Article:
The skull is so thin that light can penetrate it, stimulating the gland below. The pituitary gland needs 14-16 hours of daylight stored before it will signal to the ovaries to release an ova. This is why chickens lay less in the short winter days and more in the spring/summer. In order to lay eggs, hens need light NOT a rooster.
What does all this mean for you as the egg eater? Honestly it means nothing.
An unfertilized egg WILL NEVER develop a chick even if the mother hen incubates it. A fertilized egg COULD develop into a chick under the right circumstances.
Even if you have a rooster, as long as you are collecting eggs every day you will not crack open an egg to find a developing chick. For a fertilized egg to begin developing, it needs to be kept in the right conditions (generally around 100 degrees with 60% humidity) for several hours.
Even after several hours, the development is so slight, you would not notice it with the naked eye. It take about 3 days of incubating at proper conditions for visible veining to show.
If you only have hens in your flock there is ZERO chance the eggs would ever hatch.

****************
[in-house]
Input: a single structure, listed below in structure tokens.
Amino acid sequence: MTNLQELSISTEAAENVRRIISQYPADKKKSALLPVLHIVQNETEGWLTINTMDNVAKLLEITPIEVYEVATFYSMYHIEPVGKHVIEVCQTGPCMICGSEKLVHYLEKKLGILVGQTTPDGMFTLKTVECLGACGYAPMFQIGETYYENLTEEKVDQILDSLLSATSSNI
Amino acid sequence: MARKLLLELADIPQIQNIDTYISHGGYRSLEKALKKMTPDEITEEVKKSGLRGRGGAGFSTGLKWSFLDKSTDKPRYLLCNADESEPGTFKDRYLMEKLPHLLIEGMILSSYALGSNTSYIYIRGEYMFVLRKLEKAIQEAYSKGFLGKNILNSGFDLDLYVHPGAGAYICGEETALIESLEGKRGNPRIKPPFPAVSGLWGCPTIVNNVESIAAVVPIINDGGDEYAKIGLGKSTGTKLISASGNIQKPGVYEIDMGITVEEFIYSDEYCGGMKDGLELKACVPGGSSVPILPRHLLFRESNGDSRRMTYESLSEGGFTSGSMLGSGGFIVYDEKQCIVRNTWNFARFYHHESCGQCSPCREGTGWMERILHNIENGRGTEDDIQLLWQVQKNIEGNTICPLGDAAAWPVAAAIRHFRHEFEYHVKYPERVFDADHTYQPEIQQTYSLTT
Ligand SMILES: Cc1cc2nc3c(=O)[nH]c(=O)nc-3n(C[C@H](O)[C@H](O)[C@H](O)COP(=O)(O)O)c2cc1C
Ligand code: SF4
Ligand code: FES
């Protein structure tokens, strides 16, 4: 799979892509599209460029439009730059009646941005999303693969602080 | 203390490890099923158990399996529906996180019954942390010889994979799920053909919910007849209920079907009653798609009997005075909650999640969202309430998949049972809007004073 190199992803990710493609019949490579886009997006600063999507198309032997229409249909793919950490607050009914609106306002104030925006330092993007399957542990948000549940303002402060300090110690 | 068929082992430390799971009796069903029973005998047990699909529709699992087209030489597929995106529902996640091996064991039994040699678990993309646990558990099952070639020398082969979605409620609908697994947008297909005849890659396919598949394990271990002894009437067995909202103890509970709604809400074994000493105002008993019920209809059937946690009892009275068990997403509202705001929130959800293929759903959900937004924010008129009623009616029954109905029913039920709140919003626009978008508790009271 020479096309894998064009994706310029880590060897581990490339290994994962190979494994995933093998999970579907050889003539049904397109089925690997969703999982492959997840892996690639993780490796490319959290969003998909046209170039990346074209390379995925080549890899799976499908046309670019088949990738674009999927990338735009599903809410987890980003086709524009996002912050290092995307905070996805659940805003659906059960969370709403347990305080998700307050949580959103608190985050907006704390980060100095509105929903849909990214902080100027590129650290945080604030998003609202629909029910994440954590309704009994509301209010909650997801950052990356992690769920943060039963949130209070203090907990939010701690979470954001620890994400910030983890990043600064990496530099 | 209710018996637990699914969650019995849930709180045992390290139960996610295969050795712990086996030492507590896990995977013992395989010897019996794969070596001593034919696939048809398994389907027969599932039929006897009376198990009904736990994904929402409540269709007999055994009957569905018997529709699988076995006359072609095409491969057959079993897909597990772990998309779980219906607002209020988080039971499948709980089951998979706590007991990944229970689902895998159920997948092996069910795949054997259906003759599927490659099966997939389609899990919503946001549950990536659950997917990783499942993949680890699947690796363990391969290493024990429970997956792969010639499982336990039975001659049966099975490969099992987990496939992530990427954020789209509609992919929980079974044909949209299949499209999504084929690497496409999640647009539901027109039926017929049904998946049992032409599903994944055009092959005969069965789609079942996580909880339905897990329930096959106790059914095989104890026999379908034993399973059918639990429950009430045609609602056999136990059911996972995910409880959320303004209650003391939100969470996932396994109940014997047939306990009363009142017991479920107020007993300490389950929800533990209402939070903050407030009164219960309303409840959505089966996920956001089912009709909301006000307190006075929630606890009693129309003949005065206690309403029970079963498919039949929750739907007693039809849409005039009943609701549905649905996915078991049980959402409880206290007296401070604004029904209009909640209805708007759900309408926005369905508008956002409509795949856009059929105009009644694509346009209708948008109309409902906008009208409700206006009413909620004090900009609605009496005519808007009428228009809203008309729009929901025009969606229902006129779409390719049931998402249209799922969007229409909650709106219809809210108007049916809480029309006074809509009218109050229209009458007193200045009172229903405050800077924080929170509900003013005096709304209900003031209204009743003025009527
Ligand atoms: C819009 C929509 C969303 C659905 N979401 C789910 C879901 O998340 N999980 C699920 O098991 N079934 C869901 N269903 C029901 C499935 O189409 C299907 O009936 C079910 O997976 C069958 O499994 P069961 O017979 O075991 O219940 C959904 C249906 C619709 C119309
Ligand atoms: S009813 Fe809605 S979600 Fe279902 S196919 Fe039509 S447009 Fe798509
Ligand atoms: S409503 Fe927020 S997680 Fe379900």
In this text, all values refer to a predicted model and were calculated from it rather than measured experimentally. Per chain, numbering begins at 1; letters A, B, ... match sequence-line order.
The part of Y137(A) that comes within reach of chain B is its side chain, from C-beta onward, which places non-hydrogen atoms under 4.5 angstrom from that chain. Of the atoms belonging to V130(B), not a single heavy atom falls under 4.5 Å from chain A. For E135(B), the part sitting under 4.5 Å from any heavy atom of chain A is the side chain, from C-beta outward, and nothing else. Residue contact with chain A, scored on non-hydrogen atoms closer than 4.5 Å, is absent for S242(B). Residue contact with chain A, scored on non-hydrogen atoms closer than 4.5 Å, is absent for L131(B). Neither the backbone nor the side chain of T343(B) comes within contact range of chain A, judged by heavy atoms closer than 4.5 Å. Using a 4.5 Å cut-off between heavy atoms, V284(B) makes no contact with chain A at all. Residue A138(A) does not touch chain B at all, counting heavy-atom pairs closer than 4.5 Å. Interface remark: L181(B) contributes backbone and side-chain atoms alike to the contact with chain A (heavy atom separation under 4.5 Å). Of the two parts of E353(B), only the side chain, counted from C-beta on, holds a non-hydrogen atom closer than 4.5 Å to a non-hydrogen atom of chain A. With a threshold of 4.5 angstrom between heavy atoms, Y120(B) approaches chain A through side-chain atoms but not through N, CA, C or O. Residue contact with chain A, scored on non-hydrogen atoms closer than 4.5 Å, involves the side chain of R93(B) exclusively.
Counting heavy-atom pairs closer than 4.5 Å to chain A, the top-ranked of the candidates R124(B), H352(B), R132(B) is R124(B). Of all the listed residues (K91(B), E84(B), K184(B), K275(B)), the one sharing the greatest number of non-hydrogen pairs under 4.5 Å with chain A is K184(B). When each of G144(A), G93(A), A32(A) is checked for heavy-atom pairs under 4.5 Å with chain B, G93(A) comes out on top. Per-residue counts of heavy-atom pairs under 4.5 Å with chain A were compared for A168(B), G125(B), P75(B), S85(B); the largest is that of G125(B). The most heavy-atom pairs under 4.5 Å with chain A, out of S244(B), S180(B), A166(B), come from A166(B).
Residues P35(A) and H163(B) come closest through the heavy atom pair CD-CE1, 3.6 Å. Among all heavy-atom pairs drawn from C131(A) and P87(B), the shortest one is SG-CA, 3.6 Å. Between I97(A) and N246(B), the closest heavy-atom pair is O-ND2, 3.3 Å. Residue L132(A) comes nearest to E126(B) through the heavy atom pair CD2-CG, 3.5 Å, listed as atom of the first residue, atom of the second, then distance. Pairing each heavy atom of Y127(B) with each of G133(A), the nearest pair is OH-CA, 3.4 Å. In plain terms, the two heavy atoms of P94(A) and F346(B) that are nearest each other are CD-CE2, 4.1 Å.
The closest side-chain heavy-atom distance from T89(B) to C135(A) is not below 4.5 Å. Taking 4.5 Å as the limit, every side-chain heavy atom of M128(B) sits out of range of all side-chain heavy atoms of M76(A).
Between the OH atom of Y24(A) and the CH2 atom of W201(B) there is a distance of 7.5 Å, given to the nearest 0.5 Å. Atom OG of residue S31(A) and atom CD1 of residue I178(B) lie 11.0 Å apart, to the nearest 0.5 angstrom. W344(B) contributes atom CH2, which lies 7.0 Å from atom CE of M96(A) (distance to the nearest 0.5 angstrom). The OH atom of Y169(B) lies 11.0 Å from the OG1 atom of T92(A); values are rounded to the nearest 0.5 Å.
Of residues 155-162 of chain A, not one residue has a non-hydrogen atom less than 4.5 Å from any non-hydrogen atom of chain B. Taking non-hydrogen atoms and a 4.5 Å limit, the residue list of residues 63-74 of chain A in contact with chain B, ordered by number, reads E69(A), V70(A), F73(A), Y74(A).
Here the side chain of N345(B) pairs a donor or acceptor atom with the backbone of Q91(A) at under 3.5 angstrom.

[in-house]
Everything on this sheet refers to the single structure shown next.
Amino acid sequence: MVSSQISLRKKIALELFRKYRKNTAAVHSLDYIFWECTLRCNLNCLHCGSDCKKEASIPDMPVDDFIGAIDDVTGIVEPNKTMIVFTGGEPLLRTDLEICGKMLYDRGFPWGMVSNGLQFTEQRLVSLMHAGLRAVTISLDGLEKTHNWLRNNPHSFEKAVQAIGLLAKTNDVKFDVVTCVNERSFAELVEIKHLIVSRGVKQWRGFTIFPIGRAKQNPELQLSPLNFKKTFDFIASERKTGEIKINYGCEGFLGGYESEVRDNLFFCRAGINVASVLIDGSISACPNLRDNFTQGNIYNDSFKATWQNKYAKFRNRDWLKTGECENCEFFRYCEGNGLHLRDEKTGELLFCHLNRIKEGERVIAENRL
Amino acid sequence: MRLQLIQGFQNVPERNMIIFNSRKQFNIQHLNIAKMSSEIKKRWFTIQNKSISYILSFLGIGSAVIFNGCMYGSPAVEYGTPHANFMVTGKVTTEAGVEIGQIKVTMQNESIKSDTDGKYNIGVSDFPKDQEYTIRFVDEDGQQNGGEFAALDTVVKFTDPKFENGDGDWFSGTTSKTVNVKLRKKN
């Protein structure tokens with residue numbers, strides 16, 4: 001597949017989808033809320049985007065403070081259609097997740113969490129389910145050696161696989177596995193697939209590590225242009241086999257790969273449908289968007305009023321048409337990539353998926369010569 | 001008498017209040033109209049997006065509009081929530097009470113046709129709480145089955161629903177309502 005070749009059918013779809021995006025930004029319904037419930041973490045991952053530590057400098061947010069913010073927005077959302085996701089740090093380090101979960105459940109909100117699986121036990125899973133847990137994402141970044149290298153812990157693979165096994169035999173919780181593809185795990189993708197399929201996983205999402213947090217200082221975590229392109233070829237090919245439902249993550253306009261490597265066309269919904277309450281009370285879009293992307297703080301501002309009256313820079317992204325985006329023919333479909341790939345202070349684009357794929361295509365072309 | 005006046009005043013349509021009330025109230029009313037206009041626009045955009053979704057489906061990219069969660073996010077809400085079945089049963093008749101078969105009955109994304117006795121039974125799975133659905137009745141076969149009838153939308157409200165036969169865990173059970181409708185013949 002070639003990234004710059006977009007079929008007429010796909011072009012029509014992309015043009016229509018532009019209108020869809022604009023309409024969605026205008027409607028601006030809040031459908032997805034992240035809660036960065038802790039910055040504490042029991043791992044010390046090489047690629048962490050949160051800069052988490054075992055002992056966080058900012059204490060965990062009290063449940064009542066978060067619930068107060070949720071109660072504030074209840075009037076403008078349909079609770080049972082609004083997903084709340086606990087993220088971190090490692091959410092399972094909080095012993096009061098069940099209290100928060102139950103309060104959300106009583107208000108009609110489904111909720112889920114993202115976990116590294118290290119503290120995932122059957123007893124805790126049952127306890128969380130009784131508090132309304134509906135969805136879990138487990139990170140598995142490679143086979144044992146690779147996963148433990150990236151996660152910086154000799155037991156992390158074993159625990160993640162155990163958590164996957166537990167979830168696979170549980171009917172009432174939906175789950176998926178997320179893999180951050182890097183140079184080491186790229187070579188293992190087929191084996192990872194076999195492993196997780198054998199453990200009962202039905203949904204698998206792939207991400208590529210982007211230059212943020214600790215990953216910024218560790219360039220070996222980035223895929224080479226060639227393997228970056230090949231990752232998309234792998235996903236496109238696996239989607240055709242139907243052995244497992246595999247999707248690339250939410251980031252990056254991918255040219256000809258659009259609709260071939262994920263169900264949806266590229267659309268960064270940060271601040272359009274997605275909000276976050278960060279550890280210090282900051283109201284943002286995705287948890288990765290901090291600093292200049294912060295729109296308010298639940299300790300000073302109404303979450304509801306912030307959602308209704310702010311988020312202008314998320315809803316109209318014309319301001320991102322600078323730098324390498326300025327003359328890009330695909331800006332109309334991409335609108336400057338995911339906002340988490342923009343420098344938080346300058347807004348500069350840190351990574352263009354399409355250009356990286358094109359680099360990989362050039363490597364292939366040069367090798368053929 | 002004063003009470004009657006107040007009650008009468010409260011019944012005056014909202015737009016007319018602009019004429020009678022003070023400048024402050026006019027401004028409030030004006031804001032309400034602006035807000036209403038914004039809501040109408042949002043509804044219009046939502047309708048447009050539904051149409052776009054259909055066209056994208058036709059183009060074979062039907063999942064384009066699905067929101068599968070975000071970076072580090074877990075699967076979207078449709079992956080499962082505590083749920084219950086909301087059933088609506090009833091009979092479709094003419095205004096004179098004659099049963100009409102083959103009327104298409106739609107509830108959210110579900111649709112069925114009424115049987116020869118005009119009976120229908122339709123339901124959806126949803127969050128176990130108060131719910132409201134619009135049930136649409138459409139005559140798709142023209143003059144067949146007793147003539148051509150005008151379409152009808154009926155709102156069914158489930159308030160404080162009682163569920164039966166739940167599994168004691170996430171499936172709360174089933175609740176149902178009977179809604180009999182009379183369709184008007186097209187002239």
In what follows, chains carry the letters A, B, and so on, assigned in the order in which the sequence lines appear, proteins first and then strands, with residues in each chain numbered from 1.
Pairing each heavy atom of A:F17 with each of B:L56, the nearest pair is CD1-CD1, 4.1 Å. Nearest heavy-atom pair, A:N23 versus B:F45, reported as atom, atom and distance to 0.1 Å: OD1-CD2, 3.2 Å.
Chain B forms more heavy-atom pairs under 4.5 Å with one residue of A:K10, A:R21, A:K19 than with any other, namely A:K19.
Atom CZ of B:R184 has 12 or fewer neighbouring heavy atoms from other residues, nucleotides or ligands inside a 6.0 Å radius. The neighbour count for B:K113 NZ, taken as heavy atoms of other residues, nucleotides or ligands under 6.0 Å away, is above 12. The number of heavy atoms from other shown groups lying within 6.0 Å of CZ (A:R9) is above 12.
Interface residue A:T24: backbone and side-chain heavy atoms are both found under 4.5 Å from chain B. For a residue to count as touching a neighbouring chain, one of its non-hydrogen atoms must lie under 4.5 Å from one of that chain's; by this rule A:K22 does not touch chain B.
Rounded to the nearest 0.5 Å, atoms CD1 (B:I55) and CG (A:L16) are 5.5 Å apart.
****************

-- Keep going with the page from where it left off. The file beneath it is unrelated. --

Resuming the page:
Let’s say you have a rooster (meaning your eggs are likely fertile) and you forget to collect eggs for three days, but they are just sitting out in a nest box with no hen sitting on them. They are not going to be developing, unless for some reason your air temperature has been a steady 100 degrees day and night with moderate humidity.
But what if you have a rooster and a hen that is broody (trying to hatch eggs)? If you are collecting them out from under her daily, they are not going to have a chance to develop.
Putting the eggs in the refrigerator will completely stop all development. So if you had a fertilized egg sitting under a hen for a week, and you collected it and put it in the fridge, all development would halt. It will not continue to develop, but if you crack it open, you will likely see some development from the week of incubation. It takes 21 days of incubation for a chick to fully develop and hatch.